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AJR Am J Roentgenol. 2010 Mar;194(3):623-8. doi: 10.2214/AJR.09.2590.

Hepatic steatosis (fatty liver disease) in asymptomatic adults identified by unenhanced low-dose CT.

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Department of Radiology, University of Wisconsin School of Medicine and Public Health, E3/311 Clinical Science Center, 600 Highland Ave., Madison, WI 53792-3252, USA.



The purpose of this study was to investigate the prevalence of hepatic steatosis in an asymptomatic U.S. adult population using attenuation values at unenhanced CT as the reference standard. We also assessed the utility of known clinical risk factors for diagnosis.


For 3,357 consecutive asymptomatic adults (1,865 women and 1,492 men; mean age, 57.0 years), hepatic and splenic CT attenuation values (Hounsfield units) were obtained by unenhanced CT using a low-dose colonography technique for colorectal cancer screening. Multiple attenuation criteria for steatosis were applied, including liver thresholds and comparison of liver and spleen attenuation. Relevant clinical risk factors were compared against a CT liver attenuation < or = 40 HU, which has been shown to exclude mild steatosis.


Mean liver attenuation was 58.8 +/- 10.8 (SD) HU. The prevalence of moderate-to-severe hepatic steatosis (defined by liver attenuation < or = 40 HU) was 6.2% (208/3,357). For CT attenuation criteria that include milder degrees of steatosis, prevalence increased to as high as 45.9% (1,542/3,357) for a liver-to-spleen attenuation ratio of < or = 1.1. Overweight status (body mass index > 25) was a sensitive indicator for moderate-to-severe steatosis (92.8%) but was highly nonspecific (37.5%). Other clinical risk factors, such as diabetes, dyslipidemia, hypertension, alcohol overuse, and hepatitis, were more specific (77.6-92.4%) but highly insensitive (1.9-37.5%). Combining clinical risk factors did not substantially increase the accuracy for screening.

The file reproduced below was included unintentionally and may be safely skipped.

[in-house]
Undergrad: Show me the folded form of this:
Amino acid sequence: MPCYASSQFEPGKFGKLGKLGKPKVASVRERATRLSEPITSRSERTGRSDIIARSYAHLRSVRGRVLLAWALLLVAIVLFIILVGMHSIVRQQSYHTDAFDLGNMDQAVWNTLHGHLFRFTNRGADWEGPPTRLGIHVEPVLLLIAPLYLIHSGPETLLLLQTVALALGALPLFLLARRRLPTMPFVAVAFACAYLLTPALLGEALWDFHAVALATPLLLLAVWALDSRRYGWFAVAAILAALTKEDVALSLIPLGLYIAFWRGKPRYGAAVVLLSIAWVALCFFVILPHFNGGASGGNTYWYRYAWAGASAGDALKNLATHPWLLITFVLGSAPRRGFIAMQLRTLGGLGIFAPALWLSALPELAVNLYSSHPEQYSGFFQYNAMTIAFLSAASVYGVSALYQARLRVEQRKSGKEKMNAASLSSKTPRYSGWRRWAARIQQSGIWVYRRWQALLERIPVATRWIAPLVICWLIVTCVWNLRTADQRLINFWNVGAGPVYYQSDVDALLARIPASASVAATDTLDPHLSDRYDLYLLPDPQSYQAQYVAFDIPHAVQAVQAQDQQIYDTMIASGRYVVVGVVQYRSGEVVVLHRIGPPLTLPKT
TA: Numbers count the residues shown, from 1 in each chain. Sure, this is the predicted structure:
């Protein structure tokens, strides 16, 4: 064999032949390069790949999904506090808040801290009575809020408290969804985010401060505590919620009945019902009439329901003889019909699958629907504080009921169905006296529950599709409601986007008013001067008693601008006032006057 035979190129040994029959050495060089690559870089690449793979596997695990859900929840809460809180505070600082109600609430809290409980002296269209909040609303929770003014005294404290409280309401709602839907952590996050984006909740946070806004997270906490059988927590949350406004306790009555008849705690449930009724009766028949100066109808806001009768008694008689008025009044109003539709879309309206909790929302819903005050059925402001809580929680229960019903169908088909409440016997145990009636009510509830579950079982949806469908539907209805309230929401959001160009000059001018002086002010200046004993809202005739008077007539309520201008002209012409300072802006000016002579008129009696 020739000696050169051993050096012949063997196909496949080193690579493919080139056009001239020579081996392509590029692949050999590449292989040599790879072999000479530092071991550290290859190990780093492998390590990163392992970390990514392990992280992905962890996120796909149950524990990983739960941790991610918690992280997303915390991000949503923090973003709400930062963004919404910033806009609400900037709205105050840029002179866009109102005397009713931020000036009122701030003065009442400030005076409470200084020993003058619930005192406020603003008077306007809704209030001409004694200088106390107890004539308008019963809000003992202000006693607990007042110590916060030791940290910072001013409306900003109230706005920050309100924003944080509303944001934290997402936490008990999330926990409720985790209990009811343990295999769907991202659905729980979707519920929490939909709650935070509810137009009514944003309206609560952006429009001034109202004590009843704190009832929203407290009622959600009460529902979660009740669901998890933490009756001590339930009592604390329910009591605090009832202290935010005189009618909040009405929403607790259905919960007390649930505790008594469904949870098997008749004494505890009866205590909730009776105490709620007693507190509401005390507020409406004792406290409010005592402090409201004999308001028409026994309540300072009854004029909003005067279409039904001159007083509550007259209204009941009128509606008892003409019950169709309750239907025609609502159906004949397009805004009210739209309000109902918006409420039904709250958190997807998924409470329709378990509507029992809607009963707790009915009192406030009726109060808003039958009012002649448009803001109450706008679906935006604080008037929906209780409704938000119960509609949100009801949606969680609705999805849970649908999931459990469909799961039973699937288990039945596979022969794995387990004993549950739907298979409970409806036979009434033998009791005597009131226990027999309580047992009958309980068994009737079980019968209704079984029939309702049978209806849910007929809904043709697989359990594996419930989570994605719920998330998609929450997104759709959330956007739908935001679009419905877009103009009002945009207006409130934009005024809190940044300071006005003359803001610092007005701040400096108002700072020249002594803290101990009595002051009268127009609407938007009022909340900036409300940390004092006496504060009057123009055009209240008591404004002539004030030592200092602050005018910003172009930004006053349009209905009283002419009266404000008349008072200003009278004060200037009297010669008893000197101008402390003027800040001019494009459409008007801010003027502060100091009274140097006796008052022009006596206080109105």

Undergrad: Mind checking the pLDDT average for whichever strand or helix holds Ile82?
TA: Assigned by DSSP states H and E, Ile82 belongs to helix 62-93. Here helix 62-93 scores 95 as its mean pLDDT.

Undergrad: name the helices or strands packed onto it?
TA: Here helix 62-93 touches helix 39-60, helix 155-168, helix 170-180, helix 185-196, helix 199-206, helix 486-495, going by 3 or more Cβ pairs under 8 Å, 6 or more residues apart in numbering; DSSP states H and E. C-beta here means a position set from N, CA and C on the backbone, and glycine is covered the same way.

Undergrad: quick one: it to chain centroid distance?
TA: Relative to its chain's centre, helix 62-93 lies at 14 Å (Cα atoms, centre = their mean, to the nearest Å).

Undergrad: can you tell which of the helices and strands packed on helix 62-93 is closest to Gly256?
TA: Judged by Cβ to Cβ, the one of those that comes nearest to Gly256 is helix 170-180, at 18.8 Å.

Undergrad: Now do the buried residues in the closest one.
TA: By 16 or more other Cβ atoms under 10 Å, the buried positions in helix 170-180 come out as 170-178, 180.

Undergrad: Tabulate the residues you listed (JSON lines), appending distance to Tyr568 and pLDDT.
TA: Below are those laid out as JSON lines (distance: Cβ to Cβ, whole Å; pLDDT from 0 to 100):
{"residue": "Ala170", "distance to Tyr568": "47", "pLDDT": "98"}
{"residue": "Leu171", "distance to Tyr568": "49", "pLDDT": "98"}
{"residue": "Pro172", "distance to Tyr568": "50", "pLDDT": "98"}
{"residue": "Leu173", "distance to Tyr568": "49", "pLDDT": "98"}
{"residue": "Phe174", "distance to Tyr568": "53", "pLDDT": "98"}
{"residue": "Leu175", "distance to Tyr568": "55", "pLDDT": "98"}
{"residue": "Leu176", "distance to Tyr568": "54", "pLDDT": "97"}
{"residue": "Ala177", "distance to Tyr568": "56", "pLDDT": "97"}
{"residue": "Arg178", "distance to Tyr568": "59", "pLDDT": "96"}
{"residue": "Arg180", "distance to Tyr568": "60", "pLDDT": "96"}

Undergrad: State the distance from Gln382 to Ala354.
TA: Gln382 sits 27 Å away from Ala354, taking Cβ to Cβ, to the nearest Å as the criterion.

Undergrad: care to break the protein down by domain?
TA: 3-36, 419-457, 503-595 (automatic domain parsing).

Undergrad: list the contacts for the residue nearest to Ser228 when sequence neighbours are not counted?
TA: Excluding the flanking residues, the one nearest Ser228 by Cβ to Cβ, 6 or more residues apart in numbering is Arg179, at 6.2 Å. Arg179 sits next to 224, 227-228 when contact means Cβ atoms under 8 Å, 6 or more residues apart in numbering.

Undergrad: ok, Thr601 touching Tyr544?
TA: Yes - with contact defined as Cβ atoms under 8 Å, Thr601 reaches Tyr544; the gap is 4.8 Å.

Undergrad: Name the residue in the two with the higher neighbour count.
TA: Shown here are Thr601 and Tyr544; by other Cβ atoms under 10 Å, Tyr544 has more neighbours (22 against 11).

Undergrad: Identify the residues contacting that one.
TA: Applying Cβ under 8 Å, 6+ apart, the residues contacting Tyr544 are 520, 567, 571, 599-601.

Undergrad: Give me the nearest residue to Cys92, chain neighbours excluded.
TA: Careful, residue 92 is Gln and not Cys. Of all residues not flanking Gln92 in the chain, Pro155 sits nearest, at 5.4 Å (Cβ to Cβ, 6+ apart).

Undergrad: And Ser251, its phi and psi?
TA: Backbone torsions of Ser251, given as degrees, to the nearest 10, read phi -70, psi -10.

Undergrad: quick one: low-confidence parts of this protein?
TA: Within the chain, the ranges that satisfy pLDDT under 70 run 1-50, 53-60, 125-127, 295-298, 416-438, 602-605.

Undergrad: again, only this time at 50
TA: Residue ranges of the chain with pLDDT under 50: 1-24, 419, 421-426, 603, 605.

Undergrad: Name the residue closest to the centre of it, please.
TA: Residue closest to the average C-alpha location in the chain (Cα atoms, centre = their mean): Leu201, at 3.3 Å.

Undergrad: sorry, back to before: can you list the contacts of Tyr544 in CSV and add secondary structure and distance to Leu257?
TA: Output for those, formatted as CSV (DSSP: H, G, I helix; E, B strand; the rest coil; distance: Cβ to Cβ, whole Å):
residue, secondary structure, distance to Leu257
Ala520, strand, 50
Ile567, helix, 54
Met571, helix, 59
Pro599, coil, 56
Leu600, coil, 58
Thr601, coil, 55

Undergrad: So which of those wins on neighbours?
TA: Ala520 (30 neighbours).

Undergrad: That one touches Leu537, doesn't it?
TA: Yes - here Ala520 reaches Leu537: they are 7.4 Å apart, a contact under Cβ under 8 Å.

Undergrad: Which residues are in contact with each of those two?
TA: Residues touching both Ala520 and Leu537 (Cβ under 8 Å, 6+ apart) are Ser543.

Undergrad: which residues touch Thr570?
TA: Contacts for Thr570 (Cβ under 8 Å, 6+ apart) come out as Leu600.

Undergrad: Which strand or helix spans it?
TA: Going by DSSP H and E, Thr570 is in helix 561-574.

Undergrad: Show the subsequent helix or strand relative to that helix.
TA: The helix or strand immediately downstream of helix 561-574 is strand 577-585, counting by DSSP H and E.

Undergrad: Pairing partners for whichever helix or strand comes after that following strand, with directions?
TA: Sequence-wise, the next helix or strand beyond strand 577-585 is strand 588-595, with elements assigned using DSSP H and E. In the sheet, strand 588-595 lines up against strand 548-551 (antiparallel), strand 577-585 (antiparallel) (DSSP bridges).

Assessment of liver attenuation by use of unenhanced CT represents an objective and noninvasive means for detection of asymptomatic hepatic steatosis, whereas clinical risk factor assessment is unreliable. Further longitudinal investigation is needed to determine the most appropriate attenuation threshold and the risk for disease progression to steatohepatitis and cirrhosis.

[Indexed for MEDLINE]

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